The ILPC-approved design is made to be compatible with the historic homes from the late 1800s and early 1900s that surround the building. 707 East Seneca was originally the playground area for the now-closed East Hill School, and the lot was given to the city in 1982. The property fell into disuse, and the playground into disrepair.  The city voted to put the lot up for sale through the Ithaca Urban Renewal Agency (IURA) last summer, and the lot was sold for $130,000 on December 22nd (the market asking price was $175,000, and the assessed value of the land is $100,000, so the final price looks pretty reasonable).

The apartment building planned is a 3-story, 6-unit, 18-bedroom structure with 4 garage parking units in a basement built into the hillside, and five surface parking spaces. According to documents filed with the city, target completion is July of 2015. Note for the included renders, the black-and-white image with the small basement windows is the final design, but the colors are the same as the lead rendering.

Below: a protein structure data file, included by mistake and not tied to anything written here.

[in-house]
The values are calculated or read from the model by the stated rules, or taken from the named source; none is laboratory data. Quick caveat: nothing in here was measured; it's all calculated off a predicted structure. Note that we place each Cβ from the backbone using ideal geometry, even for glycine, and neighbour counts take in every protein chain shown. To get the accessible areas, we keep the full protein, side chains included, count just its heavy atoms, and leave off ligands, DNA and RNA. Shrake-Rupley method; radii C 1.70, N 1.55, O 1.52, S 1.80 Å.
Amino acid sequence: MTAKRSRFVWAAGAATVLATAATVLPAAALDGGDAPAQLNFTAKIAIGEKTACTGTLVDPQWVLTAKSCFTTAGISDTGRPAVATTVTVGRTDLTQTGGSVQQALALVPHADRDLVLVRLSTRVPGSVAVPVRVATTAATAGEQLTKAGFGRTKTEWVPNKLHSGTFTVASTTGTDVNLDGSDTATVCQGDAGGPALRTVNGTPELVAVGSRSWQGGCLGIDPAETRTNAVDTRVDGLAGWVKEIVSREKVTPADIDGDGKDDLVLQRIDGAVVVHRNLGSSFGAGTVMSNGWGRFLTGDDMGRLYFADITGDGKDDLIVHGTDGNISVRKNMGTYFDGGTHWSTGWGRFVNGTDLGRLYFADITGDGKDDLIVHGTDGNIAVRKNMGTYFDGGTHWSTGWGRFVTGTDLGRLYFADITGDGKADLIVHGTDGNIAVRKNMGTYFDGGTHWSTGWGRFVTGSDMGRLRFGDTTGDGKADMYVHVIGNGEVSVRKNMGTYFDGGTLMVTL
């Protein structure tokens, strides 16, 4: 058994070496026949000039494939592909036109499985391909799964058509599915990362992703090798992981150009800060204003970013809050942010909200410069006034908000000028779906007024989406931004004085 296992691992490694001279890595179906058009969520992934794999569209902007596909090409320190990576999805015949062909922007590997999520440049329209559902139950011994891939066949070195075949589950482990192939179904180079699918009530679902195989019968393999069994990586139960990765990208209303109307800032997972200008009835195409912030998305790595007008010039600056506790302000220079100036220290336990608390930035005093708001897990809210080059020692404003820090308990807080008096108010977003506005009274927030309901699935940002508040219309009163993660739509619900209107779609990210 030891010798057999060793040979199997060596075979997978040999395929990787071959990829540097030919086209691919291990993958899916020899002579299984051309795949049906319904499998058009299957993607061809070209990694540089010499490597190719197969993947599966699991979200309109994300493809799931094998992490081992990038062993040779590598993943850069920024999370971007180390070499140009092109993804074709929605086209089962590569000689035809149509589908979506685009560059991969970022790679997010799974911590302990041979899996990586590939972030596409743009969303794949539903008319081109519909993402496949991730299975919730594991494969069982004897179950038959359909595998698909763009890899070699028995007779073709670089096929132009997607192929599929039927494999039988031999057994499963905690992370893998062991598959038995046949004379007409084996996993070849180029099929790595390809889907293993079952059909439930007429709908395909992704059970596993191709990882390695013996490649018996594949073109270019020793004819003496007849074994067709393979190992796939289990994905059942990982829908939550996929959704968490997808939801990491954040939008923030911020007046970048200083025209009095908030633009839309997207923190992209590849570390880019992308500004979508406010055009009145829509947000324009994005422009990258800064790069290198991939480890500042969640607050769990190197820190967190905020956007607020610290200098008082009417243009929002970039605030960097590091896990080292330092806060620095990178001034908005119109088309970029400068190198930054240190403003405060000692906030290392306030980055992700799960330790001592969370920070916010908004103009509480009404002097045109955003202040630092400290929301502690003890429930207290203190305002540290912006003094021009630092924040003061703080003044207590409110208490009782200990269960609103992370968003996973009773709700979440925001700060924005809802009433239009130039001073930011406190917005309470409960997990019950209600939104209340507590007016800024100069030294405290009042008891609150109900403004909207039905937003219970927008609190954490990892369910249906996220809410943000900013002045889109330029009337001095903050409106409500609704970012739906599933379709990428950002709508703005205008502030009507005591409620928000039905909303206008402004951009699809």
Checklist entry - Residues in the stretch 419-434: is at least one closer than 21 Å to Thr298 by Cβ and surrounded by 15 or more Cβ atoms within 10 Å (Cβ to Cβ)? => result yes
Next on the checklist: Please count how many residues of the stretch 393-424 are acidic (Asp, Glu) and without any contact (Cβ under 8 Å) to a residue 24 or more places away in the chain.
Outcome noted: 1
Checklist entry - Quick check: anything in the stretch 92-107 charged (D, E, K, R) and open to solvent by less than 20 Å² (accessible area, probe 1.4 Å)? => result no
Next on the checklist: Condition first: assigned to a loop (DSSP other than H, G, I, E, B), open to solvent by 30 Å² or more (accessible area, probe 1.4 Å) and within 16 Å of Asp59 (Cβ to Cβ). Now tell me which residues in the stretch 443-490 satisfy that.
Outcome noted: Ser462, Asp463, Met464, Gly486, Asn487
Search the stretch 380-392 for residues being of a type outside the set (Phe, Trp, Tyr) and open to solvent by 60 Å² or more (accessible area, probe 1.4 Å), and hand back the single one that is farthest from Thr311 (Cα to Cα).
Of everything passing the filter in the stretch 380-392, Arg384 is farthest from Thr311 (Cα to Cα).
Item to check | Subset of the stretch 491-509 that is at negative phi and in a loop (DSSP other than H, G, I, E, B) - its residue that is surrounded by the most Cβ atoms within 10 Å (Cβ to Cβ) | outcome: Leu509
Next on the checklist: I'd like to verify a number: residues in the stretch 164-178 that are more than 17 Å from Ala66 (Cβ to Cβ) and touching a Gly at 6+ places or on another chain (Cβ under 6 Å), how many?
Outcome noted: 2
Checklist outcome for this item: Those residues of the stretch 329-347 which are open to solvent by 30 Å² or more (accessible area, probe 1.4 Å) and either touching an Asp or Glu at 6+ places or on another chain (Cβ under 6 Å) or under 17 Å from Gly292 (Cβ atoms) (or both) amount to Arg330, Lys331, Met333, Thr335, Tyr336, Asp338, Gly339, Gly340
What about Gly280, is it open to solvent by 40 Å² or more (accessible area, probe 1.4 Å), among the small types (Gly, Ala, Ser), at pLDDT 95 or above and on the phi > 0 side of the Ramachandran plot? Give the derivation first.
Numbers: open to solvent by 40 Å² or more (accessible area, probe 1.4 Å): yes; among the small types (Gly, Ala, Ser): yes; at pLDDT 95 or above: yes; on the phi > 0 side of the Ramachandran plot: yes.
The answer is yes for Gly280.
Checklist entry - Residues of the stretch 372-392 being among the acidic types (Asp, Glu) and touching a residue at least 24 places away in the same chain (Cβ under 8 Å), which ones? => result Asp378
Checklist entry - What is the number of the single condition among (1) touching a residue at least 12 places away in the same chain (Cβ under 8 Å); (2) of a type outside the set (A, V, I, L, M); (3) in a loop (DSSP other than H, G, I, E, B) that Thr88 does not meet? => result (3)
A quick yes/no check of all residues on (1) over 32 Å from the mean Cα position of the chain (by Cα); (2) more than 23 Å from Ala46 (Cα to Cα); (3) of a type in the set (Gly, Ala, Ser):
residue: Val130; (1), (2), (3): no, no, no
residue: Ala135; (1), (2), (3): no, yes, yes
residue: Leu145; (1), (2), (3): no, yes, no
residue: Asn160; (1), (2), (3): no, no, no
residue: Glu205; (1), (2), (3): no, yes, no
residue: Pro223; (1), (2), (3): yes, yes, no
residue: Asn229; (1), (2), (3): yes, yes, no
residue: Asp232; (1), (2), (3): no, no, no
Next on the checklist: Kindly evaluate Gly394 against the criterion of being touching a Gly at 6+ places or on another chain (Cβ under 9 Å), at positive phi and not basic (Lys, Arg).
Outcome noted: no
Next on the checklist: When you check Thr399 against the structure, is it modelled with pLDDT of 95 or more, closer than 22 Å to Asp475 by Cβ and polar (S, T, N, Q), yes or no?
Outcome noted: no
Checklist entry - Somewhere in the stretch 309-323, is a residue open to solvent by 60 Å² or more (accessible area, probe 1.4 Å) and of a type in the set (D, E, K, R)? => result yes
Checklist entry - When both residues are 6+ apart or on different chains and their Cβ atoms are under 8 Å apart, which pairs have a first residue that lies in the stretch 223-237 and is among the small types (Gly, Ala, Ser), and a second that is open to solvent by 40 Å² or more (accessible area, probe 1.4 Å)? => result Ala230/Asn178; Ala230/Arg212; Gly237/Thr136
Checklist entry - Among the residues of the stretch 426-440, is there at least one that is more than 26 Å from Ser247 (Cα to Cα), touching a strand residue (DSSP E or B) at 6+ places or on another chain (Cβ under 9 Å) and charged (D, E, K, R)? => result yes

Without getting a good look at the back of the now fenced-off property, it looks like the site has been cleared and excavation is underway for the retaining walls and foundation. Being a sloped site, retaining walls will be built on the west edge of the property (right side of the photos) and for tree wells, and the east portion will use a sloped bank built using fill material. Offhand, I think I remember seeing that the building itself will be assembled from modular pieces, craned into place on the foundation over a day or two, not unlike the method used at the Belle Sherman Cottages.

The design of the building is by Schickel Architecture of Ithaca, and the developer is Ithacan Todd Fox.